But it can be overwhelming with a 24-hour news cycle, and you get 18 different emails with different headline news’s. Or you click on the app on your phone, or you turn on the television, or you turn on the radio. If you allow that to be the only thing that’s entering your brain, it’s going to be very hard to keep a positive mental outlook on the world.

 

[00:07:14] PF: Absolutely. That brings me to a question. I’d love to hear what everyone on the team kind of what has been their go to to manage the stress that we’ve all felt in the last couple of years and how you keep your mental health balanced. I guess the easiest way to do it is alphabetically because that way we’re not showing favorites. So I’m going to ask Britney, Britney Chan. What was your kind of go-to solution?

 

[00:07:37] BC: My go-to solution during the pandemic was, obviously, to just try my best to stay as connected as possible, even being at home. So I practice a lot of video chatting, FaceTiming, Zooming with my friends and family. It really almost became like a daily activity for me and something I really look forward to. I know there’s always this talk about tech and digital, and it’s all over the place, and it’s taking over our lives. But in this instance, it really did the opposite. It made me feel more connected, and I was able to see my sister and watch my niece and nephew play. I mean, there would be times where we would just stay on the phone. We wouldn’t even talk to each other. We would just be there and be able to see what’s going on. So, yeah, video chatting had a really positive effect on my mood during that time.

 

Also, Deb, you just touched on it just a second ago about choosing to put what’s in your mind. Like for me, I really made a conscious decision to not overwhelm myself with information about the pandemic or just the news in general because there’s not a lot of good news out there. It seems to be very negative lately. So I read enough to stay informed. I read enough to make sure I’m following protocol and doing the right things and all that stuff. But other than that, I stayed away from the information overload when it came to the news or even social media about the pandemic. I would kind of just like scroll past it. So those are the things I really did to help my mental health during that time.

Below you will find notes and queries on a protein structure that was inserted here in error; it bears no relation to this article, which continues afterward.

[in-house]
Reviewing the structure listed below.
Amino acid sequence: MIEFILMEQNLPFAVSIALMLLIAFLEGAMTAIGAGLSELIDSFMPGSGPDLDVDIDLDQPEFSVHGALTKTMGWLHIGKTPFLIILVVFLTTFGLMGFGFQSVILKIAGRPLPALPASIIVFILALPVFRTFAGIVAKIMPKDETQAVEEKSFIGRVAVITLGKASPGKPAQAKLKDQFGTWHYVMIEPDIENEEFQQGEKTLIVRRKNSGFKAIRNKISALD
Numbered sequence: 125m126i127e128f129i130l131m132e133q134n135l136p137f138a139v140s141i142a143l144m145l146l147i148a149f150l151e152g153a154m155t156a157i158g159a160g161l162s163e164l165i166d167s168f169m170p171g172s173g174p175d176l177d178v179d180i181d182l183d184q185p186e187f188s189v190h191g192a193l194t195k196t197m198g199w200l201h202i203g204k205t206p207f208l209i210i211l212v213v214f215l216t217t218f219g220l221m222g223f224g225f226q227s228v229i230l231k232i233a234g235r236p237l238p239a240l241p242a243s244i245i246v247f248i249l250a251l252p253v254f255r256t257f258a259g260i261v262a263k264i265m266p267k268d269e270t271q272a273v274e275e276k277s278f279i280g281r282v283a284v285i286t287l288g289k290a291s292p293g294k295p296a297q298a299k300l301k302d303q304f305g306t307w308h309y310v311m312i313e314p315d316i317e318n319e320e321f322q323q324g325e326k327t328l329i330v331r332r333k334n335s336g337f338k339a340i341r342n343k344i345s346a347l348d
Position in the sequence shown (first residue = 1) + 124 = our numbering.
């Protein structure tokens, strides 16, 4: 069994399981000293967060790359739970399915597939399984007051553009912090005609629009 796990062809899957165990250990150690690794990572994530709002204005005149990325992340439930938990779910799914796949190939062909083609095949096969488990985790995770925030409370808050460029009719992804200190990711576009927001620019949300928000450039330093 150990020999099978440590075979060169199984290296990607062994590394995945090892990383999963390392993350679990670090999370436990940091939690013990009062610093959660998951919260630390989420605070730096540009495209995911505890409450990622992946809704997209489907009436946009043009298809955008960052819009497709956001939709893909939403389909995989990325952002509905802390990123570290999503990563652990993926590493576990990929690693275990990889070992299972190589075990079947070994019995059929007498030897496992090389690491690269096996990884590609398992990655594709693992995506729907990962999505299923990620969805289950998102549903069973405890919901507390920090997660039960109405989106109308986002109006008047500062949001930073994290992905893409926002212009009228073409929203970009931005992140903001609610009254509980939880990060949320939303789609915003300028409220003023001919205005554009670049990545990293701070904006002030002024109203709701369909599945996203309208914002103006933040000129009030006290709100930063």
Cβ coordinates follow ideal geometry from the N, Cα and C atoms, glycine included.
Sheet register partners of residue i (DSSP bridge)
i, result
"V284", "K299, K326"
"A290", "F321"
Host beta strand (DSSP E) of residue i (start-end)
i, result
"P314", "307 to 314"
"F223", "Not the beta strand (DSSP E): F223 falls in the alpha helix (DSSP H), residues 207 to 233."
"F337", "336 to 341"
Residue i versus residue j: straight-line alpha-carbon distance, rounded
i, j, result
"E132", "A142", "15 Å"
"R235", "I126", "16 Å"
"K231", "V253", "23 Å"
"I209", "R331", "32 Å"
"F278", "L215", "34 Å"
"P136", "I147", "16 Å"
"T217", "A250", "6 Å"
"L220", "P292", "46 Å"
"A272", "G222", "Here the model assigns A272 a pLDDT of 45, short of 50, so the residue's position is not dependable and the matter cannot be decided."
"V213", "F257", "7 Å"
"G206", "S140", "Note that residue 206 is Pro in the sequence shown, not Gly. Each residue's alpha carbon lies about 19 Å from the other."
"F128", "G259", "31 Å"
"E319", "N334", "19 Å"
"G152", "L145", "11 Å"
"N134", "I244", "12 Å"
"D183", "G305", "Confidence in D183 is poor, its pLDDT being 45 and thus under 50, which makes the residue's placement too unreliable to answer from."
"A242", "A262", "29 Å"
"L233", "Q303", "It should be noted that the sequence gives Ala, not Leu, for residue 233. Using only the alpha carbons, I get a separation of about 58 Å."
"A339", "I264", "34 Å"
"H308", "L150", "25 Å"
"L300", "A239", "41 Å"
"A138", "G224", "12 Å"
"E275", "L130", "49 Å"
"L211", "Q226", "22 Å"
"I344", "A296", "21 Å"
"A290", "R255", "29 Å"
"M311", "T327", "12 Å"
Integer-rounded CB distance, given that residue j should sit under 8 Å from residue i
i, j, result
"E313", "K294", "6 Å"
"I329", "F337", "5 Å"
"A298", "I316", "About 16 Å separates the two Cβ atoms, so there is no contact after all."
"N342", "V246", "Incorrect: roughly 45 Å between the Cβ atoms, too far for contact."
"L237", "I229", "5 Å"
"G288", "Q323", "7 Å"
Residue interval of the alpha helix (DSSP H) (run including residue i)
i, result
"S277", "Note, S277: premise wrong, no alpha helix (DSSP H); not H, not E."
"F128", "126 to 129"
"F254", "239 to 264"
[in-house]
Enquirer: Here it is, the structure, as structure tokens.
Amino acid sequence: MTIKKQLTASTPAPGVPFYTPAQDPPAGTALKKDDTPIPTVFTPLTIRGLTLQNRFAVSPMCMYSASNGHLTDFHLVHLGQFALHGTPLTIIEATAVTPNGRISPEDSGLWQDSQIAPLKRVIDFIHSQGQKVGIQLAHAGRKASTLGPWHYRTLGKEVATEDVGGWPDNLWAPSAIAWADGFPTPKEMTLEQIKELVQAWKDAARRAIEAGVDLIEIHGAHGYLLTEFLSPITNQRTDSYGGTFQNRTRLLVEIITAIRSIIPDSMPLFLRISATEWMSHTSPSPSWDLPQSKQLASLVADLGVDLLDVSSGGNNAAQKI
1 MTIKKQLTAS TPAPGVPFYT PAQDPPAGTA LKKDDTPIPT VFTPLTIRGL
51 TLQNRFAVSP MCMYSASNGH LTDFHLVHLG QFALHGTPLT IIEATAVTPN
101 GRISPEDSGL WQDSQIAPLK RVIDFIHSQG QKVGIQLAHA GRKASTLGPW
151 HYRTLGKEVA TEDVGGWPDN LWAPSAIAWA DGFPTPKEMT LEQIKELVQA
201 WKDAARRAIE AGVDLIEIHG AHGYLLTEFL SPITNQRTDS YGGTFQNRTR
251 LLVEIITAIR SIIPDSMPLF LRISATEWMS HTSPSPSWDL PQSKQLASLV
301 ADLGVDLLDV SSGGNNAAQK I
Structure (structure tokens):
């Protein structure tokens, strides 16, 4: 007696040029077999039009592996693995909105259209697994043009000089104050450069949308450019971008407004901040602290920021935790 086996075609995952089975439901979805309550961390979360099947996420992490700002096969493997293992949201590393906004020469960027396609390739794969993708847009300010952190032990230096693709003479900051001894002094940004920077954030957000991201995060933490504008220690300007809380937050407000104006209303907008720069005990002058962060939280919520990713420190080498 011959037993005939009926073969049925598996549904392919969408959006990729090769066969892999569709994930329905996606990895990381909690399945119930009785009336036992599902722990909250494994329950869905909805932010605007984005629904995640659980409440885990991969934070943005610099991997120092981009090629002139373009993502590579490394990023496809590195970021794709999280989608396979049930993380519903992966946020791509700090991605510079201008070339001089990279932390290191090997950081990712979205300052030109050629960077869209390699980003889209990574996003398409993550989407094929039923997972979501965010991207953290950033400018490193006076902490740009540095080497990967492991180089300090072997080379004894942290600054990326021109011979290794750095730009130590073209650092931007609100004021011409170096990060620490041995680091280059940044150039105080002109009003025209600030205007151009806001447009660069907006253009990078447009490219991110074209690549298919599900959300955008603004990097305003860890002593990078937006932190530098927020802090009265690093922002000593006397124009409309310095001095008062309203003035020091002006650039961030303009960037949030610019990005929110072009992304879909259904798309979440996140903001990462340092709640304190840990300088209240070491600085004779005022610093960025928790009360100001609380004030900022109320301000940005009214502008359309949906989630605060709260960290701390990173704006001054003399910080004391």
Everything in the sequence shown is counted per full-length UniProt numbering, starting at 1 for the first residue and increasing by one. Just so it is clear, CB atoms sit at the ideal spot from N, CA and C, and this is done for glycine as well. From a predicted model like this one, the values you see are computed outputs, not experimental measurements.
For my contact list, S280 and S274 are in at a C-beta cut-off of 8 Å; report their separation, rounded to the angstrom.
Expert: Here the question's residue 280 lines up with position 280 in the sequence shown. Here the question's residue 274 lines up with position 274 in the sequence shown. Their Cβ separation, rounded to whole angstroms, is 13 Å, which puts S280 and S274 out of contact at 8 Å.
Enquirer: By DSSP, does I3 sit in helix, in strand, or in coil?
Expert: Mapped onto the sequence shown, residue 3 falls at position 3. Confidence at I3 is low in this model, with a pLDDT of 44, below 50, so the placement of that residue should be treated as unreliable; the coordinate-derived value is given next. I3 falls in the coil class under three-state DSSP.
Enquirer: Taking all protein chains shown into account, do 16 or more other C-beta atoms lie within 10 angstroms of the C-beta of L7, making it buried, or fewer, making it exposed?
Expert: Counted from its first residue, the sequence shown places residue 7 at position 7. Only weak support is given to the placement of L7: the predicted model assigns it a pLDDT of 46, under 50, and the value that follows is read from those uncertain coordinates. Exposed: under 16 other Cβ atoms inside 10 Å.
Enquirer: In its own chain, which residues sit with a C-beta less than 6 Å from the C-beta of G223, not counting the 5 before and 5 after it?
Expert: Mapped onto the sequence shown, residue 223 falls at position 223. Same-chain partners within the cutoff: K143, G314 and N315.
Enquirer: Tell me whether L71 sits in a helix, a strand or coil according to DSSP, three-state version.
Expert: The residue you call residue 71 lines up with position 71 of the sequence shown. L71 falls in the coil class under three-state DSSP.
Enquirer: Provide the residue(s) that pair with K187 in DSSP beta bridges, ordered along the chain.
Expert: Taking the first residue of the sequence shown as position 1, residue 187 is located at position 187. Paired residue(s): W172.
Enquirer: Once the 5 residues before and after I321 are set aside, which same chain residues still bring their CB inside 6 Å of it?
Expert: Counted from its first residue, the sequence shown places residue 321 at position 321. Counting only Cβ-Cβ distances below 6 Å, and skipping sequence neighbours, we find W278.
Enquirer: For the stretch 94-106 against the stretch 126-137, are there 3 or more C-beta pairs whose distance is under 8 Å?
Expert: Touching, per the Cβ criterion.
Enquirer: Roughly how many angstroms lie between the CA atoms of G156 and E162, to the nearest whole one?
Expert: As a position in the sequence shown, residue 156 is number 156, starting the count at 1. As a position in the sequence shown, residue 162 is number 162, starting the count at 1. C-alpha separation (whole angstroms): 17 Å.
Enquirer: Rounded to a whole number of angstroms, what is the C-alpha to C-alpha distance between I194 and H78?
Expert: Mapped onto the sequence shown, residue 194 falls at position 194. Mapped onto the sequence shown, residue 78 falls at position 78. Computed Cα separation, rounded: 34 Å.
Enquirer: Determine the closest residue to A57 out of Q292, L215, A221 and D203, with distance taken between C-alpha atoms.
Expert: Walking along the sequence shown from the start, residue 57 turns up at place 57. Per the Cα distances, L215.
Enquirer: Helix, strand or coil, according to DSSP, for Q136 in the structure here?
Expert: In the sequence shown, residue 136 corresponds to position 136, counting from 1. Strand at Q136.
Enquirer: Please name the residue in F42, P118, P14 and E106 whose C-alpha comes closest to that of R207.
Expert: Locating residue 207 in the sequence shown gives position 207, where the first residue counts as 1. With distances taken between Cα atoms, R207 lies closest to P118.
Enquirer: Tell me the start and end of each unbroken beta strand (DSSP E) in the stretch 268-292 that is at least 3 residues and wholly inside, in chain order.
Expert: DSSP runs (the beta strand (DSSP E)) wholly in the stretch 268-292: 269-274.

[00:09:20] PF: That’s really smart, and it’s difficult for a lot of people because we know social media is designed to be addictive. So you end up doing that zombie scroll, and it’s like, “Oh, my god.” First of all, you’re having a panic attack by the time that you’re done. It just – You feel horrible. That’s a terrific way to do it to kind of curate what you’re going to let –

 

[00:09:39] BC: Yeah. That’s a good word for it. I was self-curating what I was putting into my mind.

 

[00:09:44] PF: That’s very cool. Casey, how about you? Because I feel like of anyone, you and I probably talked the most about all of this and what was going on. We talk about podcast episodes, things like that. So what were some of the things that you were doing? Because you always maintained such a great upbeat attitude throughout the whole whatever we were dealing with.

 

[00:10:07] CJ: Well, thank you for saying that. I certainly didn’t feel that way on the inside, sometimes. But, yeah, I mean, just to kind of echo Britney, I’m kind of in the same situation as she is. My sister has two kids. They’re young. So I was very grateful that we were able to video chat, and I was able to see them that way. I did find myself being glued to the news and zombie scrolling, like we were talking about. So I kind of had to check myself. I would limit my screen time. I stopped checking my phone first thing in the morning. I even started sleeping with it in the other room, which helped me sleep better. I brought my screen time down, which helped with my anxiety.